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Clinical Trial Summary

Cumulative evidence indicates that a single bout of exercise has beneficial impacts on memory in young adults. From a physiological perspective, acute exercise leads to changes of heart rate variability (HRV), which is associated with memory retrieval process. From a psychological perspective, acute exercise increases the arousal level and thus facilitates cognitive processing including memory storage and retrieval. Such HRV- and/or arousal-based effects of exercise on memory could be differed by the time of day in young adults based on their circadian rhythms of HRV. Moreover, young adults prefer afternoon or evening to morning in their circadian rhythms, demonstrating less wakefulness and lower memory performance in the morning relative to afternoon. Based on the potential psychophysiological mechanisms, exercise could impact young adults' memory differently by the time of day. The investigators aim to 1) determine the extent to which the time of day modulates how moderate-intensity cardiovascular exercise impacts verbal-auditory and visuospatial short- and long-term memory in young adults, and 2) consider potential psychological and physiological markers that may mediate exercise's effects on cognitive performance. As cognitive benefits of exercise might differ by the time of day, it is important to investigate such interaction and make the right recommendations of the timing of exercise for young adults in academic settings.


Clinical Trial Description

Cumulative evidence indicates that a single bout of exercise has beneficial impacts on short- and long-term memory in young adults. From a physiological perspective, acute exercise leads to changes of heart rate variability (HRV), which is associated with memory retrieval process. From a psychological perspective, acute exercise increases the arousal level and thus facilitates cognitive processing including memory storage and retrieval. Such HRV- and/or arousal-based effects of exercise on memory could be differed by the time of day in young adults based on their circadian rhythms of HRV; sleep-wake transition led to rapid changes of HRV. Moreover, young adults prefer afternoon or evening to morning, showing less wakefulness and lower memory performance in the morning relative to afternoon. Based on the potential physiological and/or psychological mechanisms, exercise could impact young adults' memory differently by the time of day. Few studies, however, tested the effects of exercise on memory based on the time of day; rather, a recent study found null effects of exercise-induced arousal on implicit and explicit memory performance in college students in the morning. The investigators here aim to 1) determine the extent to which the time of day moderates how moderate-intensity cardiovascular exercise impacts verbal-auditory and visuo-spatial short- and long-term memory in young adults, and 2) consider potential physiological and psychological markers that may mediate exercise's effects on cognitive performance. Specifically, the investigators will conduct a mixed-design randomized experiment to compare the effects of a single session of moderate-intensity cardiovascular exercise on cognitive performance at two times of day - in the morning (7 - 9 AM) and late afternoon (3 - 5 PM). Participants in each of two groups (morning versus afternoon) will complete two sessions of cognitive tests - at baseline without exercise and after an exercise intervention, while their emotional states, arousal levels, and heart rate (HR) will be measured at baseline, before, during, and after the exercise and memory sessions. The hypotheses are 1) acute exercise in the morning will be more beneficial for short- and long-term memory than an equal volume of exercise in the afternoon; 2) resting HRV and changes in perceived arousal and emotional states will be associated with memory performance following the exercise intervention. The rationale for the hypotheses is that cognitive benefits of exercise can differ by the preference for the time of day, so it is important to investigate such interactions to inform recommendations of the timing of exercise for young adults in academic settings. Moreover, exploring the role of psychophysiological markers in mediating exercise effects on cognition help to further understanding of the benefits of exercise for brain health. ;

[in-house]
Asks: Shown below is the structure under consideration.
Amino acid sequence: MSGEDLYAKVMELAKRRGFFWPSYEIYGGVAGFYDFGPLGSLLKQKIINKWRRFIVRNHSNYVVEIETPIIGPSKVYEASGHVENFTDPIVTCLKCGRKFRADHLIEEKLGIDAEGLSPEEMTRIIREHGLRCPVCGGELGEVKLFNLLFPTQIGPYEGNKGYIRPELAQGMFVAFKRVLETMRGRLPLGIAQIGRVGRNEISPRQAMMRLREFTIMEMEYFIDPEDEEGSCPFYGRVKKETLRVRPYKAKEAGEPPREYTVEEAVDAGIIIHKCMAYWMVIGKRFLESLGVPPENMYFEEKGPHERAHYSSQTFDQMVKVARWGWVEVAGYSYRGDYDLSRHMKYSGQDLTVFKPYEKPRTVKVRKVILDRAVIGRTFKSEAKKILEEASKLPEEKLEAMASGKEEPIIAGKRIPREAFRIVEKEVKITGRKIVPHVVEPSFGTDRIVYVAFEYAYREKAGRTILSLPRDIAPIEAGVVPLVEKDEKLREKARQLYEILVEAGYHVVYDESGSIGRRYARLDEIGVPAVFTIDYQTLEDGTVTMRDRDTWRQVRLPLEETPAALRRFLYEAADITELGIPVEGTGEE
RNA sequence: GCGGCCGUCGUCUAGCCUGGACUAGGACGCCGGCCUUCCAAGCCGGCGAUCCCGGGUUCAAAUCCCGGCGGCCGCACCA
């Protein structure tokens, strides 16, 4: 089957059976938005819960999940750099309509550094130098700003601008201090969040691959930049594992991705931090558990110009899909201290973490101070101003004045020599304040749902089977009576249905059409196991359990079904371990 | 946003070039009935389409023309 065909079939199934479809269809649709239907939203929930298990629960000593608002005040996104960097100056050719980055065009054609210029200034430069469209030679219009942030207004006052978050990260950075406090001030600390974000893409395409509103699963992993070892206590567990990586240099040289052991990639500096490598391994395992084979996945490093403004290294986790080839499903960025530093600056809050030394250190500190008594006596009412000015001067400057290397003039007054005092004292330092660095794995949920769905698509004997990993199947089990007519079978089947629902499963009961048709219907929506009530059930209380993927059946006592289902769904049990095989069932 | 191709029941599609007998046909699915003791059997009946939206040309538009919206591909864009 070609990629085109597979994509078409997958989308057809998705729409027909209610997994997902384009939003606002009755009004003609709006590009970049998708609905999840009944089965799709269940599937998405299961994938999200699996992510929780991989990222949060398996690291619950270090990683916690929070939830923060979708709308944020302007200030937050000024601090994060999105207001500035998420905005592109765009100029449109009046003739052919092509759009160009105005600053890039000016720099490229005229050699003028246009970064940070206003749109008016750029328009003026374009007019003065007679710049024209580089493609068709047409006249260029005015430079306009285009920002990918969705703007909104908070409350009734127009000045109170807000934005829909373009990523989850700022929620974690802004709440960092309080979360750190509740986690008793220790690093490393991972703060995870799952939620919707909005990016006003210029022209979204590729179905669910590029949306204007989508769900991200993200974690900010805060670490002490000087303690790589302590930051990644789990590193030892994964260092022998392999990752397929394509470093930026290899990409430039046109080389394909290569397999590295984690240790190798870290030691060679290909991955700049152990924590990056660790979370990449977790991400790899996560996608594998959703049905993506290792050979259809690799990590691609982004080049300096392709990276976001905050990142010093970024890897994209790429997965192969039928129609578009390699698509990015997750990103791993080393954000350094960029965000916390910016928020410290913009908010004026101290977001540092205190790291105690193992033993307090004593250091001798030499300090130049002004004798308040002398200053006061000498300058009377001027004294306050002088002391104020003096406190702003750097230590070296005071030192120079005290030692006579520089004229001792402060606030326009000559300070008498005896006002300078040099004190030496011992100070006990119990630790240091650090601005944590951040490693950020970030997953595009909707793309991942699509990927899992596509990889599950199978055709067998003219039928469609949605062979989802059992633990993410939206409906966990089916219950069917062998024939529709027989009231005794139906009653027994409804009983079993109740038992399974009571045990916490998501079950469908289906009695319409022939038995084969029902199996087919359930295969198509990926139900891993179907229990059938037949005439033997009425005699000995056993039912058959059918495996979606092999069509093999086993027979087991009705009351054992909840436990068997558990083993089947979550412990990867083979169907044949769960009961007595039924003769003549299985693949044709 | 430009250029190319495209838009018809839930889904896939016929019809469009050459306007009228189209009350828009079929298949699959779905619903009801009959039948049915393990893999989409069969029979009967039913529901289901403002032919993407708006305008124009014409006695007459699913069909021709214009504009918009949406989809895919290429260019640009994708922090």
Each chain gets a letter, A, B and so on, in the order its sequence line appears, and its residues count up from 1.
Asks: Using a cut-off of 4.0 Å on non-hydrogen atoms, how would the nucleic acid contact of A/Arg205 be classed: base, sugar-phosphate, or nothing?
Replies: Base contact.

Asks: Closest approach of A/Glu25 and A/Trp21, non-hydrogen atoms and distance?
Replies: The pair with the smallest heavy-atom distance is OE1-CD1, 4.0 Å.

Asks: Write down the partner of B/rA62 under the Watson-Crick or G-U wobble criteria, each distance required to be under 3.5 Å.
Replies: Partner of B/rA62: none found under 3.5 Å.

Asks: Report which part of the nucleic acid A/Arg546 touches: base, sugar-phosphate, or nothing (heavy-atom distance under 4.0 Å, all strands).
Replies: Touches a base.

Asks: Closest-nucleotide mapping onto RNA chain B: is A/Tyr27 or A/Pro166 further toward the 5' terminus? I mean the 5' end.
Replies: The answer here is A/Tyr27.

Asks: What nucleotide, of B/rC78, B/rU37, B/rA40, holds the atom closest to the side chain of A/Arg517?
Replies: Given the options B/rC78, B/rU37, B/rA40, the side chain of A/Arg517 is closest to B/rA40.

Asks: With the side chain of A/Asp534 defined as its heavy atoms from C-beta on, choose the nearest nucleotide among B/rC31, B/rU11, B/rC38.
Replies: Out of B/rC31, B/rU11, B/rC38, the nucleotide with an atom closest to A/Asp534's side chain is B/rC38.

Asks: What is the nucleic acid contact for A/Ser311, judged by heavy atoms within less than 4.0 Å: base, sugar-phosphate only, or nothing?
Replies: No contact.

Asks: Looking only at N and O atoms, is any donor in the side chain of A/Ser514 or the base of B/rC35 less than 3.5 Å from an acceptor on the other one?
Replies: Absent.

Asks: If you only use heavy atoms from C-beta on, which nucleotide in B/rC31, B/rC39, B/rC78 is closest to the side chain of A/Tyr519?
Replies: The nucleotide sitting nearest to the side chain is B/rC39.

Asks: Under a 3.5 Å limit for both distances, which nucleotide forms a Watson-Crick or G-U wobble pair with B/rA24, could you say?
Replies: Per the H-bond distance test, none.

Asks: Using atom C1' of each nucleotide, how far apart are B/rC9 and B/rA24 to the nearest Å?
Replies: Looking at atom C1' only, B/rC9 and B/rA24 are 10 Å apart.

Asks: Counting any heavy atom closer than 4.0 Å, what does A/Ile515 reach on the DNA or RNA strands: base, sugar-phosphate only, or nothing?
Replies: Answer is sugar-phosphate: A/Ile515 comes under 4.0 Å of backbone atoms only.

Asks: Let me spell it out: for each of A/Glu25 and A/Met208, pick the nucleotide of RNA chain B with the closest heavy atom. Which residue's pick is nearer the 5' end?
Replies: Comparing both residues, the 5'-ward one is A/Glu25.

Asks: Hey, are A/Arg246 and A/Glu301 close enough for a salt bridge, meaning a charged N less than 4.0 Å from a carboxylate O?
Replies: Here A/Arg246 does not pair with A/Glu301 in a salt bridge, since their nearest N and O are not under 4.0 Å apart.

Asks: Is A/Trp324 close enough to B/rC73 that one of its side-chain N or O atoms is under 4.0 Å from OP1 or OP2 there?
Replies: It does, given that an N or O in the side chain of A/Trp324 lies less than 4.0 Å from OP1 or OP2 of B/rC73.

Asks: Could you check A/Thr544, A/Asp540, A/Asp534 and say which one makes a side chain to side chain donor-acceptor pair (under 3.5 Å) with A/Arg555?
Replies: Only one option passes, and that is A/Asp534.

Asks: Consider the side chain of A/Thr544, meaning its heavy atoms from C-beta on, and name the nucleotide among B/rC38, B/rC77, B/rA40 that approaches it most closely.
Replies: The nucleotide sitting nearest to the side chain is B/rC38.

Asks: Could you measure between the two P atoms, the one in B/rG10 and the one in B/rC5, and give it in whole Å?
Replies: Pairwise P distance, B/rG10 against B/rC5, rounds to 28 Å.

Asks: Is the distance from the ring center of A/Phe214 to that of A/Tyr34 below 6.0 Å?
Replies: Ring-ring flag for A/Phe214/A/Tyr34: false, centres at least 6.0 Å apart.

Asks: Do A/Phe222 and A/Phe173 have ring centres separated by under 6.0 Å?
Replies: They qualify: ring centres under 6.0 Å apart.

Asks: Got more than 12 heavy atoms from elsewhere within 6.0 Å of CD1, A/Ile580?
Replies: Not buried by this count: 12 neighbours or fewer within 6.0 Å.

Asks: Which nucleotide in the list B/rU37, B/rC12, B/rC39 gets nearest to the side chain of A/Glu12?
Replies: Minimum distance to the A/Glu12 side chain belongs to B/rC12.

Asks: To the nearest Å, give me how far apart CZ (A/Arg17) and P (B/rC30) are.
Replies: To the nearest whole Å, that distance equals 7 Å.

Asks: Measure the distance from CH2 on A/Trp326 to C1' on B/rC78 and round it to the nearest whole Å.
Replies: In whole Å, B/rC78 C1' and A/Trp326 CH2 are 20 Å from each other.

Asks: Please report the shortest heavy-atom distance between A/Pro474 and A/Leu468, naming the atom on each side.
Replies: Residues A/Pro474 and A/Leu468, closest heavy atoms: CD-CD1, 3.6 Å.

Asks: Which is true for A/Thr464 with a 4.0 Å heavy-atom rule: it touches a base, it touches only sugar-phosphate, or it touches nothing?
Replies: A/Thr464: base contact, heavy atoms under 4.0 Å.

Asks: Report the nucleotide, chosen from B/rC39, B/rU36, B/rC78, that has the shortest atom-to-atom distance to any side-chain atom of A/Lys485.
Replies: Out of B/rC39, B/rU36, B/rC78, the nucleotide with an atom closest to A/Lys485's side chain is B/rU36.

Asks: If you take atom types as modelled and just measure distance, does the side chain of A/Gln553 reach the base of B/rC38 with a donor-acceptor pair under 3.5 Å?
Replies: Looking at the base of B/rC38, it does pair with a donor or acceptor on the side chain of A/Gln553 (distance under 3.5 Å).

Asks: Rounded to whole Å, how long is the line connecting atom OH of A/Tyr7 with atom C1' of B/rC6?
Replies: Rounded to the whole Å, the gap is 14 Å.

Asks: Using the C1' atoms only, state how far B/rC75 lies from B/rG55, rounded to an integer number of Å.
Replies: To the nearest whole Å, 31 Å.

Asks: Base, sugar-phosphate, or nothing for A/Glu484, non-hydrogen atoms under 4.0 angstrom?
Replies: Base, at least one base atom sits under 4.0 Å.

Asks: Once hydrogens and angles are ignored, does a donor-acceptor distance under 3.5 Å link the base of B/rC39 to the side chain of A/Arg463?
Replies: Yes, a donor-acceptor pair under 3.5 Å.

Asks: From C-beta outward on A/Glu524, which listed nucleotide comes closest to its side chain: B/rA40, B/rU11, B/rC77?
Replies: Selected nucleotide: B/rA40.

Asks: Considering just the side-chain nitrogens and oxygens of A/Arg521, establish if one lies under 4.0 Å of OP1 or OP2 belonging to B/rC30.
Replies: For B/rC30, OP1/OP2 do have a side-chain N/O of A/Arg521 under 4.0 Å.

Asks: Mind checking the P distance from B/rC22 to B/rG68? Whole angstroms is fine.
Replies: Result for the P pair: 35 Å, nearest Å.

Study Design


Related Conditions & MeSH terms


NCT number NCT04861818
Study type Interventional
Source University of North Carolina, Greensboro
Contact Kyoung Shin Park, PhD
Phone 3366627429
Email [email protected]
Status Recruiting
Phase N/A
Start date May 1, 2021
Completion date April 30, 2022

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